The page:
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Int J Psychophysiol. 2014 Jul;93(1):30-7. doi: 10.1016/j.ijpsycho.2013.03.008. Epub 2013 Mar 23.

Cardiac reactivity and preserved performance under stress: two sides of the same coin?

Author information

1
VIPER Research Unit, Royal Military Academy, Renaissancelaan, 30, 1000 Brussel, Belgium; Dept of Biological Psychology, Vrije Universiteit Brussel, Pleinlaan, 2, 1050 Brussel, Belgium; Unité de Recherches en Neurosciences Cognitives, Université Libre de Bruxelles, CP 191, avenue F.D. Roosevelt, 50, 1050 Bruxelles, Belgium; Department of Human Physiology, Vrije Universiteit Brussel, Pleinlaan 2, 1050 Brussel, Belgium. Electronic address: nathalie.pattyn@rma.ac.be.
2
VIPER Research Unit, Royal Military Academy, Renaissancelaan, 30, 1000 Brussel, Belgium; CHU Brugmann, Sleep Unit, Belgium.
3
VIPER Research Unit, Royal Military Academy, Renaissancelaan, 30, 1000 Brussel, Belgium; UZ Brussel, Sleep Unit, Belgium.
4
Unité de Recherches en Neurosciences Cognitives, Université Libre de Bruxelles, CP 191, avenue F.D. Roosevelt, 50, 1050 Bruxelles, Belgium.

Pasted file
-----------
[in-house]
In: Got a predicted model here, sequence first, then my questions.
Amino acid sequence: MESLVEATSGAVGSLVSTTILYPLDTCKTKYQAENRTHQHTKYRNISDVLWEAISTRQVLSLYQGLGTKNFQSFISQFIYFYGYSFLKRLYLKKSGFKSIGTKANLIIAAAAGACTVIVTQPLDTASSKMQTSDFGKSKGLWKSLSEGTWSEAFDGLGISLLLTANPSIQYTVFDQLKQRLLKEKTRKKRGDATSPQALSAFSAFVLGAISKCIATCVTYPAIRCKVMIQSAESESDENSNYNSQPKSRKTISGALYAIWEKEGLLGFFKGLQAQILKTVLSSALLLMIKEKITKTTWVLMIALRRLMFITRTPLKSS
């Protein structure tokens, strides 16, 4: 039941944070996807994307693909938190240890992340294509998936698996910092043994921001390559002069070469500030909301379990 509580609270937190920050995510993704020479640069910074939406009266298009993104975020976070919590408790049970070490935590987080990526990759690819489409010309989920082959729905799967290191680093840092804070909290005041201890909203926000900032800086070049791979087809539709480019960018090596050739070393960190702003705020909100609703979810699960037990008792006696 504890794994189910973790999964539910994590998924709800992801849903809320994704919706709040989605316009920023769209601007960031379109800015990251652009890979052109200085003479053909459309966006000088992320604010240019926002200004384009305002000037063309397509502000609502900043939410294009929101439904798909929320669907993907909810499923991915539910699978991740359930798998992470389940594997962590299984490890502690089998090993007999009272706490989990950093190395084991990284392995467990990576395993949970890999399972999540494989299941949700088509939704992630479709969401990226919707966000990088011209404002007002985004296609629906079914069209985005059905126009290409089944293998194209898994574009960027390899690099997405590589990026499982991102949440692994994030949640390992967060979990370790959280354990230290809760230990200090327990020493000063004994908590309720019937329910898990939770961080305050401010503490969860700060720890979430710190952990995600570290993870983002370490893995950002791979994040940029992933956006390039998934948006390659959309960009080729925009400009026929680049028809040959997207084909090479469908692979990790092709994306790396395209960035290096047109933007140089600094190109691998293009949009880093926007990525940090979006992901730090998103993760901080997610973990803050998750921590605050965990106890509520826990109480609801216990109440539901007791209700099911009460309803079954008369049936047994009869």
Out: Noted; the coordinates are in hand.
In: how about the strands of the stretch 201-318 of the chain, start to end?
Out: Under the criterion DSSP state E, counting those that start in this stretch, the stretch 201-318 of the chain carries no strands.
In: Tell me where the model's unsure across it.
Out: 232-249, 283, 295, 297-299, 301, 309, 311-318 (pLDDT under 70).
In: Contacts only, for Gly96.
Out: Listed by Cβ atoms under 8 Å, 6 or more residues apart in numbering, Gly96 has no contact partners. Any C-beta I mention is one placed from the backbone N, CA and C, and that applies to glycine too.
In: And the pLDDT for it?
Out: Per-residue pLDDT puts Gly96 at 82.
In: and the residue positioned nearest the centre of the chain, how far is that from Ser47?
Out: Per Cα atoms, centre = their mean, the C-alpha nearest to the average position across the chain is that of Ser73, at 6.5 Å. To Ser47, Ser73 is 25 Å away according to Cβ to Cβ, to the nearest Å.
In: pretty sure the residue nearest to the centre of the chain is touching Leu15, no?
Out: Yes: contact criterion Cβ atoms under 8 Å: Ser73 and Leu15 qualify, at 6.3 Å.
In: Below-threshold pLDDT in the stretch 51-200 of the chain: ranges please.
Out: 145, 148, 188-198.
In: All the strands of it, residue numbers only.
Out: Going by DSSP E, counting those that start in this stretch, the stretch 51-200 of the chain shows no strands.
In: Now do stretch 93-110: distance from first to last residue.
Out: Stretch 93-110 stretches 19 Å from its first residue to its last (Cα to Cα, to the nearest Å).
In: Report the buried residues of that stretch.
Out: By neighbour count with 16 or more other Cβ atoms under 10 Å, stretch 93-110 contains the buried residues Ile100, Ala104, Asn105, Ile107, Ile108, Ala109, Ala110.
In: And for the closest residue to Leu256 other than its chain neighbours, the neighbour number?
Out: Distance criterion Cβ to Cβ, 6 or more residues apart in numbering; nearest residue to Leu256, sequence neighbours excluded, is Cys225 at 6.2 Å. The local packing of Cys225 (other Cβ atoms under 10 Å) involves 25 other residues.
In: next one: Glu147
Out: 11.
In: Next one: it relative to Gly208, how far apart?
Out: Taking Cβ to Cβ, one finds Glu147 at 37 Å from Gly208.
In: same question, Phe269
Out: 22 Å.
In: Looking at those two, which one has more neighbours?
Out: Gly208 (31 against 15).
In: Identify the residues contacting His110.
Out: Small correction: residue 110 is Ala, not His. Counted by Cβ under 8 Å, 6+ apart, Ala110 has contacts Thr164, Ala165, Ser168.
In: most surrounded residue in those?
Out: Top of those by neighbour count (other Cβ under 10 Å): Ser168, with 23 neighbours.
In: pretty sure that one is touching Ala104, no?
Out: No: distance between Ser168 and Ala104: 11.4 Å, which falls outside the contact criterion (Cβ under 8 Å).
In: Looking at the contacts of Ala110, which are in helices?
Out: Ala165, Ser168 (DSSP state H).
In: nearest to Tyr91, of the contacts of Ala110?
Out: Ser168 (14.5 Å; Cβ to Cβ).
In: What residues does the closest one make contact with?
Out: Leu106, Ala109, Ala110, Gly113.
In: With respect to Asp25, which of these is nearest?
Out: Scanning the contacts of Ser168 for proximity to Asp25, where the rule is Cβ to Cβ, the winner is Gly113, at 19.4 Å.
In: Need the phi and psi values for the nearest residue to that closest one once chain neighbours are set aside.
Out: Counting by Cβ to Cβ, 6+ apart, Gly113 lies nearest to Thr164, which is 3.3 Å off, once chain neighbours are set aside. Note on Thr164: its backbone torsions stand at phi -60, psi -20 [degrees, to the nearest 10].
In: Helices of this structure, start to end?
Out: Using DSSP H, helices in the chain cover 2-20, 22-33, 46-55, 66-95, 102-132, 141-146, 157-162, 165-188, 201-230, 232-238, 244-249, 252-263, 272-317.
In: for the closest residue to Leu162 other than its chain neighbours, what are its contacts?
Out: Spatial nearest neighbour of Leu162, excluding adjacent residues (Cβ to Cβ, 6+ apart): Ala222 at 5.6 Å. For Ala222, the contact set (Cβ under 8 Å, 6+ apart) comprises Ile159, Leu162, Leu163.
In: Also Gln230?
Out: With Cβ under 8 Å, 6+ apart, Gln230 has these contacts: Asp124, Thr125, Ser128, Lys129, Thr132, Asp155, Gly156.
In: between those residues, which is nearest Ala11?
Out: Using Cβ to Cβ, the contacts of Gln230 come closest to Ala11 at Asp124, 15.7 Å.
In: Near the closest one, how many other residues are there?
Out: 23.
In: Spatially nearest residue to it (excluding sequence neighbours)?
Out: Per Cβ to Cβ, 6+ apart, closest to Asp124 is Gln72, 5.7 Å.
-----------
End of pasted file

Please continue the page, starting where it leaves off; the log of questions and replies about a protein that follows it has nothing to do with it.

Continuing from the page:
5
Dept of Biological Psychology, Vrije Universiteit Brussel, Pleinlaan, 2, 1050 Brussel, Belgium.
6
Department of Human Physiology, Vrije Universiteit Brussel, Pleinlaan 2, 1050 Brussel, Belgium.
7
VIPER Research Unit, Royal Military Academy, Renaissancelaan, 30, 1000 Brussel, Belgium.

Abstract

In the present experiment, cognitive control under stress was investigated using a real-life paradigm, namely an evaluation flight for military student pilots. The magnitude of cognitive interference on color-word, numerical and emotional Stroop paradigms was studied during a baseline recording and right before the test flight. Cardio-respiratory parameters were simultaneously assessed during rest and the performance of the Stroop tasks. Cognitive data suggested a different speed/accuracy trade-off under stress, and no modulation of the interference effect for color words or numerical stimuli. However, we observed a major increase in error rates for specific emotional stimuli related to the evaluation situation in the stress condition. The increase in cognitive interference from emotional stimuli, expressed as an increase in error rates, was correlated to the decreased cardiac reactivity to challenge in the stress situation. This relationship is discussed in the framework of Sanders' (1983) model of stress and performance. In terms of future research, this link warrants a fruitful lead to be followed for investigating the causal mechanism of performance decrements under the influence of stress.

KEYWORDS:

Cardiac reactivity; Performance; Stress; Stroop

PMID:
23528304
DOI:
10.1016/j.ijpsycho.2013.03.008
[Indexed for MEDLINE]

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